What other voices are being censored by your school district’s Internet filtering system? Should mine be included on that list? Do me a favor and check, and comment here to let me know the results. Maybe this is a phenomenon limited to a small number of conservative, Texas school districts. I am not so sure, however.
Are our students studying about the student-led revolution in China as part of their social studies lessons? Are we teaching students about the dark side of capitalism unhampered by governmental regulations that protect worker rights? Or are we ignoring these very pressing and important problems, because they are pretty “ill-structured” and our primary task is helping kids solve “well-defined” problems on a multiple-choice examination?
We need to prepare students everywhere to exercise their rights (which are admittedly debatable) as well as fulfill their duties as global citizens of planet earth. The Universal Declaration of Human Rights is UNIVERSAL because it applies to EVERYONE. People who happen to have been born and live in China are not exempt. These are issues worth caring about, teaching about, and taking action about.
Has this post just made Moving at the Speed of Creativity a banned blog in China? I hope not. But if that is the cost of being relevant, it’s one I’m willing to pay. There are thankfully proxy paths around the government censors trained by Cisco and aided by Yahoo.
For more on these issues, checkout the PBS Frontline “The Tank Man” roundtable on “The Struggle to Control Information” in China. I predict that despite their draconian efforts to try and control the information genie, the Chinese policos are going to fail in my own lifetime. We are going to see political change in China, which will hopefully bring about reforms like worker rights protections, guarantees of free speech, respect for due process, and respect for other basic human rights possessed by every Chinese man, women and child just as they are possessed by every citizen of the United States.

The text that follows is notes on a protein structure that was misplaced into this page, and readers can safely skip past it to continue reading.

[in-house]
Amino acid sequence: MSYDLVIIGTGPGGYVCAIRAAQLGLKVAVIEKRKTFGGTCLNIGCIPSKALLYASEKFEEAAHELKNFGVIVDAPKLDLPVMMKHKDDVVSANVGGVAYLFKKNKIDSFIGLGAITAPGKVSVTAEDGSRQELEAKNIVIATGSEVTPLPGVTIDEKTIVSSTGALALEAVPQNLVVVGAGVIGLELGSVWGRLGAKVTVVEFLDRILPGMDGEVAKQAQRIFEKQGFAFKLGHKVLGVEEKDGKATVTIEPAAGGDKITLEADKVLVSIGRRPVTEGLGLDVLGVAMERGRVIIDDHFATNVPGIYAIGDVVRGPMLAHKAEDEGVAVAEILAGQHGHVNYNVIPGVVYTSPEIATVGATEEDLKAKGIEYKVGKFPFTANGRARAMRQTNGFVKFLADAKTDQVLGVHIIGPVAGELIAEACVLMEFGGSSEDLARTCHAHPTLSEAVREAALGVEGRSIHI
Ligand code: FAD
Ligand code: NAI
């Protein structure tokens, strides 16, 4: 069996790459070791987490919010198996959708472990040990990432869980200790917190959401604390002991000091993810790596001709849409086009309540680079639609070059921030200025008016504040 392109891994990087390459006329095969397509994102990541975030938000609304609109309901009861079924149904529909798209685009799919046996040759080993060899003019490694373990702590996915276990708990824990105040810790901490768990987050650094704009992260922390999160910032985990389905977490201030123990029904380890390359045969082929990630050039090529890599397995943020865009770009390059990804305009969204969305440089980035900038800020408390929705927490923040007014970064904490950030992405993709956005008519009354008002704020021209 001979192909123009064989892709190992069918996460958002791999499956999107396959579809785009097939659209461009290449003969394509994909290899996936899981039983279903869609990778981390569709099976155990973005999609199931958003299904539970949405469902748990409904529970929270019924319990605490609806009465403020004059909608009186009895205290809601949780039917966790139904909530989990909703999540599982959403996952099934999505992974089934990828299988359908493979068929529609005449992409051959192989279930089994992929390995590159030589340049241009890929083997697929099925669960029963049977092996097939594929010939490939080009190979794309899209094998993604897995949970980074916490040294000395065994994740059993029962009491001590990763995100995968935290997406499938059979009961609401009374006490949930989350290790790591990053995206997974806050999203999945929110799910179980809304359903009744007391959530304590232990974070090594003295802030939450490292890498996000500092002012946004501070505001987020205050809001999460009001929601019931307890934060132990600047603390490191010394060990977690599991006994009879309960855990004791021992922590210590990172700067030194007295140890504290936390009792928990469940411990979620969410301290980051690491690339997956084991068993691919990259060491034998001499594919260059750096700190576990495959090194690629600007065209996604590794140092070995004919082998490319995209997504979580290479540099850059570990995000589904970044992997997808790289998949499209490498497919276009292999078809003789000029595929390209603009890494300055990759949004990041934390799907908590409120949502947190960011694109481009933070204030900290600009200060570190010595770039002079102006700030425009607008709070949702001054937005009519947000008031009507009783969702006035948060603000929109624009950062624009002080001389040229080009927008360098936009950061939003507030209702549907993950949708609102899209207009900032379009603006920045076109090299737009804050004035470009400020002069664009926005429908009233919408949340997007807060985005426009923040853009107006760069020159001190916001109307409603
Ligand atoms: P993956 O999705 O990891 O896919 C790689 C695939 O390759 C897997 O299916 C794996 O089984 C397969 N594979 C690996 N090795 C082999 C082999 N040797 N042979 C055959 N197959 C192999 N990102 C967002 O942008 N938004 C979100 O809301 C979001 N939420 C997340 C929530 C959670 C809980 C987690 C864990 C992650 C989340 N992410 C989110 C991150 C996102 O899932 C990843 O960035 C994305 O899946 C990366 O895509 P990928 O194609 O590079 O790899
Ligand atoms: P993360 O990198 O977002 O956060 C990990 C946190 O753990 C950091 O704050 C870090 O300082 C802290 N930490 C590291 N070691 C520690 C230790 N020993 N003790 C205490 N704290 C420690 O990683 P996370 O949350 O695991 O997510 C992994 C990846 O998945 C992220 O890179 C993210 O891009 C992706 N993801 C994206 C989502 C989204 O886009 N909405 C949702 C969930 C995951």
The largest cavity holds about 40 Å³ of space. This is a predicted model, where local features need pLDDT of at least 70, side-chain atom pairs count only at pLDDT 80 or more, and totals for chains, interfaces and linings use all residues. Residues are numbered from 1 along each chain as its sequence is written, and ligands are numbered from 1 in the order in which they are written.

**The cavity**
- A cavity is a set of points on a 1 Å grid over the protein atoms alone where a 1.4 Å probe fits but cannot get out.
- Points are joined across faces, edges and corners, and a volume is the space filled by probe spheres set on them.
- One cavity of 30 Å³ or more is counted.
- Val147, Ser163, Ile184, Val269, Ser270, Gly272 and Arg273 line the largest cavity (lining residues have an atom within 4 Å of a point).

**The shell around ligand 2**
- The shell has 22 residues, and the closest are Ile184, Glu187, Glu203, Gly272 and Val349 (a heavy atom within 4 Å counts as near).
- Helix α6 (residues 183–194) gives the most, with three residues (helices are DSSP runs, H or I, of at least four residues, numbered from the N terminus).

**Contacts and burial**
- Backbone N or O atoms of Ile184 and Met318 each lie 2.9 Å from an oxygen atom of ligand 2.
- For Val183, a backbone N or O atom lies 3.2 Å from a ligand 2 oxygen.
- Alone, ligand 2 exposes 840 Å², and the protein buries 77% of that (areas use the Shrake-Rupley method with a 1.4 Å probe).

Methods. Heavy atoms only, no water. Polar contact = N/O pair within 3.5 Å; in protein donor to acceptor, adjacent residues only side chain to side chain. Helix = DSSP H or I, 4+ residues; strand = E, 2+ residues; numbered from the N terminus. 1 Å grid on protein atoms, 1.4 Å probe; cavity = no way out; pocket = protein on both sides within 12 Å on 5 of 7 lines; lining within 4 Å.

Want to be part of the solution? You can be. Listen to other global voices talking about these and other issues. Keep blogging. And keep inviting others into these conversations.
The world is a’changin. Ideas are powerful. Words are powerful. Don’t settle for mere content consumption. Insist on content creation, in your own life and in your classroom. It’s essential as we struggle to prepare students for the roles of leadership we need them to play in the century to come.
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On this day..
- STEM, iPad & Google Workshops in June 2015 - 2015
- Technology & Innovation in Education by Jaime Casap - 2012
- Using ARIS to Create Interactive, Multimedia Enhanced Field Trips by Wes Molyneaux - 2012
- Why Every Teacher Should Become an App Creator by Chris Thompson - 2012
- Blended, Continuous Learning in the 21st Century Military - 2011
- Finger Puppet Videography with the iPad2: Lessons Learned - 2011
- Celebrate National Library Week with Fabrarians: Freeze-n-Read! - 2010
- Wilson Rawls: Author of Where the Red Fern Grows - 2010
- Who Will Save Journalism? We will! - 2009
- Google Sites as a classroom learning portal - 2008